Treasurer Scott Morrison
has opposed further interest rate cuts by the Reserve Bank of Australia, saying it has “exhausted its effectiveness”.
“Its ability to impact and influence is diminishing,” he told The Australian Financial Review
in an interview in Washington on the weekend.
Instead of additional rate cuts, Morrison put the onus on the government to bring in measures that “boost incomes and lift living standards”.
To preserve the RBA
’s independence however, the Treasurer admitted that setting rates was a matter for the bank.
“There’s clearly more room there if that’s what the Reserve Bank governor and board thinks is necessary,” he said. “But if we continue on with the program we have, we will see our economy grow.”
These statements echoed similar sentiments in speeches to both investors in New York and politicians in Washington over the past few days.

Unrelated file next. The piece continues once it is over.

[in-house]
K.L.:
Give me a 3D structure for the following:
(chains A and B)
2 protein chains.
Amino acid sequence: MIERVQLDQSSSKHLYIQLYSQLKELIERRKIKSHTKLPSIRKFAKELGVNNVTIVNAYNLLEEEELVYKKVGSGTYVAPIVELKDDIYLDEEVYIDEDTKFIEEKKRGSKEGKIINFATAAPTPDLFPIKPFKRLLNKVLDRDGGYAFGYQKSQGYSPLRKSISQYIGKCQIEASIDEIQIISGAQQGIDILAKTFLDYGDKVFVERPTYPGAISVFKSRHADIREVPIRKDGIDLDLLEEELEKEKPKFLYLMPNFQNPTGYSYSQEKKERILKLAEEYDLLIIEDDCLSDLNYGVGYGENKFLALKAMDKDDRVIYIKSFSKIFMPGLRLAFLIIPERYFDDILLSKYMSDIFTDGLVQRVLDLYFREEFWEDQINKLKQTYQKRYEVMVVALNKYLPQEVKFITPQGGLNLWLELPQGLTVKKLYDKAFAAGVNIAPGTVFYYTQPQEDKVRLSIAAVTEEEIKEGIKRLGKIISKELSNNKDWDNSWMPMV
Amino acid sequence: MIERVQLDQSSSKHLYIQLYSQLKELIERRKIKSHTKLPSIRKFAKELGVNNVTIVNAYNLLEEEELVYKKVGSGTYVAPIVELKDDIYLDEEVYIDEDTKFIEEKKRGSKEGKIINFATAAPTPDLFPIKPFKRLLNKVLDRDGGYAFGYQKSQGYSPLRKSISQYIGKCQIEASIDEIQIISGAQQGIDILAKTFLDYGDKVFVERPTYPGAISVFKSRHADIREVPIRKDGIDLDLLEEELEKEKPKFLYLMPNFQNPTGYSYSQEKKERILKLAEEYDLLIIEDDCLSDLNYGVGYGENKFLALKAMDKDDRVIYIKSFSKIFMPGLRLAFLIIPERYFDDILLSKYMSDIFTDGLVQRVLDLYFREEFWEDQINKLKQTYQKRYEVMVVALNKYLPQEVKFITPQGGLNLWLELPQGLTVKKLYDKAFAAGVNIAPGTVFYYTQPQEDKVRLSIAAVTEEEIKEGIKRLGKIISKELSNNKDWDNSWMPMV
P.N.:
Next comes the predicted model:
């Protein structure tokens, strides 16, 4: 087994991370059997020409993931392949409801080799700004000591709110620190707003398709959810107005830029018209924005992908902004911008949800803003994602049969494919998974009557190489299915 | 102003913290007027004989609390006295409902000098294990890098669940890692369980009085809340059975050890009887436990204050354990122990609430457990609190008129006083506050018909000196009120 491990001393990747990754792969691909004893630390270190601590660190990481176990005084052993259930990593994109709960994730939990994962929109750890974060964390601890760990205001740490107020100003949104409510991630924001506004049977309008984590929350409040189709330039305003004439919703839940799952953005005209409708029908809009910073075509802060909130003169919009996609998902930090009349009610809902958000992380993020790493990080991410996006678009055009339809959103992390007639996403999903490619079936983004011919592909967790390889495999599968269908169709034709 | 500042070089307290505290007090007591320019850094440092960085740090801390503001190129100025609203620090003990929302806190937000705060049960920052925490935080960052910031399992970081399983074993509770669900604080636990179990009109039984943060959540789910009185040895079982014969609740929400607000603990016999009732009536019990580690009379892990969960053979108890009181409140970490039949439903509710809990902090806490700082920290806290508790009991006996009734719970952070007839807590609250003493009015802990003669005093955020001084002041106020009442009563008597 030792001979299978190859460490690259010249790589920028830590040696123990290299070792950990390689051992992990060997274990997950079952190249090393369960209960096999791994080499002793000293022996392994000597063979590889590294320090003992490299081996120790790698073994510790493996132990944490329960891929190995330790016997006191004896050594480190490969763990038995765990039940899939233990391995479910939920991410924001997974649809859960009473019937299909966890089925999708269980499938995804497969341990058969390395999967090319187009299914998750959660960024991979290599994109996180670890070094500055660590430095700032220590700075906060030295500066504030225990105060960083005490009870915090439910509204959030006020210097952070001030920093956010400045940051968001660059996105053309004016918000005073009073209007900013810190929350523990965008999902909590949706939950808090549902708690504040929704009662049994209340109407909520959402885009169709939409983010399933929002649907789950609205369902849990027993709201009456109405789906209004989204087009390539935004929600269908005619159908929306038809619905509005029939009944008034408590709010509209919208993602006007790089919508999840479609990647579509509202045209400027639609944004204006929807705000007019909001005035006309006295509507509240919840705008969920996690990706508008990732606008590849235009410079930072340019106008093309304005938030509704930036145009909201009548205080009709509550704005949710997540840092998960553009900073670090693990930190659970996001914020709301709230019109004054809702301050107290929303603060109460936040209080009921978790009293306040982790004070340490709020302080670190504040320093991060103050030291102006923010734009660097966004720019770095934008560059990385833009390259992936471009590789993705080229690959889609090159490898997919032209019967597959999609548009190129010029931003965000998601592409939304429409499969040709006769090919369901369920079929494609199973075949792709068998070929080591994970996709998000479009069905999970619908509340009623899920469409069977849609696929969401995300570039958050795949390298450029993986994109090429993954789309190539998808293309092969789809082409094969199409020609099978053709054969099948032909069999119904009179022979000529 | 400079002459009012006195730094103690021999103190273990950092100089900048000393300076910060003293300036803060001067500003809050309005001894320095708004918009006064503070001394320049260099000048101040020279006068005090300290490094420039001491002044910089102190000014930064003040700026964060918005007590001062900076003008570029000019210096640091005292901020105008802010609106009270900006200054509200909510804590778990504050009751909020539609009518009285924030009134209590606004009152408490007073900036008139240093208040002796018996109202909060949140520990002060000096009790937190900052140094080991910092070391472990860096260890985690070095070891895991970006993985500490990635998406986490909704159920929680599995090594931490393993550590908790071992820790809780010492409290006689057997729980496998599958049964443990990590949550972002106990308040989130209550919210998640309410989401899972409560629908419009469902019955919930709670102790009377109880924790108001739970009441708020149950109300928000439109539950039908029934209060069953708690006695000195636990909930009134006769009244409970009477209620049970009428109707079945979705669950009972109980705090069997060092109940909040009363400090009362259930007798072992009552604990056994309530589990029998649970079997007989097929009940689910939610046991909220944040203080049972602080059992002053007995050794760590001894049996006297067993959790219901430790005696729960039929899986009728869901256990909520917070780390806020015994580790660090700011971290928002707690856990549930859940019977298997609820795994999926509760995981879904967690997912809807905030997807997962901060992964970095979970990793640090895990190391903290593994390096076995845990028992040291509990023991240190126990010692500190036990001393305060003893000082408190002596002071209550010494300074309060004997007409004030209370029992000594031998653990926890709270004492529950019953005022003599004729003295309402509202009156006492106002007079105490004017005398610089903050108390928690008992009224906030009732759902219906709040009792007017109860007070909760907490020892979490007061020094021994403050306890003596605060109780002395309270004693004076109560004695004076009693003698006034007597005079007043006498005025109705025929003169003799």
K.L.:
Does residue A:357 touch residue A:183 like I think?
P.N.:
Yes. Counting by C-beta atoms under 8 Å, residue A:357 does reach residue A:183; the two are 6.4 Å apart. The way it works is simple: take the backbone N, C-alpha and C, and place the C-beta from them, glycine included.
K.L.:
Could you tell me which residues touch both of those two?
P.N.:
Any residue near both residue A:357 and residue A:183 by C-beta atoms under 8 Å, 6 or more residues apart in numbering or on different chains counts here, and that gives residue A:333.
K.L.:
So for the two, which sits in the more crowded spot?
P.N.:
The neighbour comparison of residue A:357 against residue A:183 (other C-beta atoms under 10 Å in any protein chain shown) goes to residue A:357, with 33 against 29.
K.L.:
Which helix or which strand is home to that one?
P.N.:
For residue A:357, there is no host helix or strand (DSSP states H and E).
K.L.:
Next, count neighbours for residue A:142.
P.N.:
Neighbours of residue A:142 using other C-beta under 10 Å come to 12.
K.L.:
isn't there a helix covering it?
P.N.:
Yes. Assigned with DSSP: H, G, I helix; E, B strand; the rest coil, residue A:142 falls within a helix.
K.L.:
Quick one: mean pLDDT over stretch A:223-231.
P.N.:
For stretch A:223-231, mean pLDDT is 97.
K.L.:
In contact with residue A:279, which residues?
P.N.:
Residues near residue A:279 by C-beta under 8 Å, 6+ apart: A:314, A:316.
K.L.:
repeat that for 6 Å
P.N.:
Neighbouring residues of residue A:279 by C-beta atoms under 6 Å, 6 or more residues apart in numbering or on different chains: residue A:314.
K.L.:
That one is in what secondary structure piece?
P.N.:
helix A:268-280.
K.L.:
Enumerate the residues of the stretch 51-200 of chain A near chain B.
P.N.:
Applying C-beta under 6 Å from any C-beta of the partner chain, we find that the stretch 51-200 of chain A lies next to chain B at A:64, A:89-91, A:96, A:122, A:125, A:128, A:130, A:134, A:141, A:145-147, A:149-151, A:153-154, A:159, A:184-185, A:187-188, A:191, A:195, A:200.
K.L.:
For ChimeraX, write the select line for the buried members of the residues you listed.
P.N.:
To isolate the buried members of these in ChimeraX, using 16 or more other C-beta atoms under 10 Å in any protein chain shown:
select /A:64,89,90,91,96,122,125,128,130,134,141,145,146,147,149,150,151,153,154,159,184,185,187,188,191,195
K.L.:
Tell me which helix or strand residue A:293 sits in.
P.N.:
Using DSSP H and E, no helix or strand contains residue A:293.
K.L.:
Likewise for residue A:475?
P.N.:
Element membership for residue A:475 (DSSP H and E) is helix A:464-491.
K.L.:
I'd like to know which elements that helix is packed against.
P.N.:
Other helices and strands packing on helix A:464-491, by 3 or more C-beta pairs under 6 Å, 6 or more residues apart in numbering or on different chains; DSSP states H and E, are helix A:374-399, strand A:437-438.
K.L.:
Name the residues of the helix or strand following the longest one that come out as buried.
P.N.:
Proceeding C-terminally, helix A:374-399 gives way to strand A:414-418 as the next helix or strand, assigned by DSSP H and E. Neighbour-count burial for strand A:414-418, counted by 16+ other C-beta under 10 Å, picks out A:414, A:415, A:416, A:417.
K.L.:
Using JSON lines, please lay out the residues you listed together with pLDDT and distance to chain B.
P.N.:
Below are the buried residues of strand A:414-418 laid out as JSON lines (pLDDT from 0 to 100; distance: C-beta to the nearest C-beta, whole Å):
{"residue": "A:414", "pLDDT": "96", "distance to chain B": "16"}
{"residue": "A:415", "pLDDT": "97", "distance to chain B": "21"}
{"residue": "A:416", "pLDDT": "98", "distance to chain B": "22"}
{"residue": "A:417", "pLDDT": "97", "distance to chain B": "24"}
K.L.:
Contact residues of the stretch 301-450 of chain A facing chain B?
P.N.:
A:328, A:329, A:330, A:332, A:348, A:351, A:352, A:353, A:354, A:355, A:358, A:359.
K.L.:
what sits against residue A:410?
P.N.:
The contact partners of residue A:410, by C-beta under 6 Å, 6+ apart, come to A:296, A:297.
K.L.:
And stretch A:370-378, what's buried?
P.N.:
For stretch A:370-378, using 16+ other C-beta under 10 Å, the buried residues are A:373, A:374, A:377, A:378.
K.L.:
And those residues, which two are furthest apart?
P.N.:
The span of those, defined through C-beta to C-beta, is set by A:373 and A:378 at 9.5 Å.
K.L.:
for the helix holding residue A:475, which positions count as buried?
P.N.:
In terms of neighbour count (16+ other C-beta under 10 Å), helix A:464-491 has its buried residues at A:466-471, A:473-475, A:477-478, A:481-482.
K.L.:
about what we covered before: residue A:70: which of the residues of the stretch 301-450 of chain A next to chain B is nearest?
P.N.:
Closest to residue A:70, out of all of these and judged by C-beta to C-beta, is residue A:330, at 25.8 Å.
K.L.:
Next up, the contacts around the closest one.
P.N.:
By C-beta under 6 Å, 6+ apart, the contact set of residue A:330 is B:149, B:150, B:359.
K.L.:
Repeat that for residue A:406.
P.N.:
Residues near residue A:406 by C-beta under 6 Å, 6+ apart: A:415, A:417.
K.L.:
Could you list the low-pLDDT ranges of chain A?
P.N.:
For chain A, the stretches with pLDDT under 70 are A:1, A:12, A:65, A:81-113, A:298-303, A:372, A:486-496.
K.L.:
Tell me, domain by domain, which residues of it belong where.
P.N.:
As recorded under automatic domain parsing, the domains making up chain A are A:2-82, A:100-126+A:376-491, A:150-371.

Monetary policy was like “pushing against a string,” Morrison said.
“What’s more important for our economy is getting on with our fiscal consolidation and bringing forward productivity-enhancing reforms.”
This feeling on the diminishing value of low rates has seen a growing acceptance among central bankers and finance ministers – putting Morrison’s statements in line with the overall world view.
“Most central bank governors have expressed this, saying monetary policy doesn't fix this. At best, all monetary policy does is alleviate it for a period of time,” he told the AFR
After cutting rates in May and August, the RBA
decided to hold it steady at 1.5% at the beginning of October. The bank has said it will continue to observe the Australian economy and financial conditions before considering any further moves.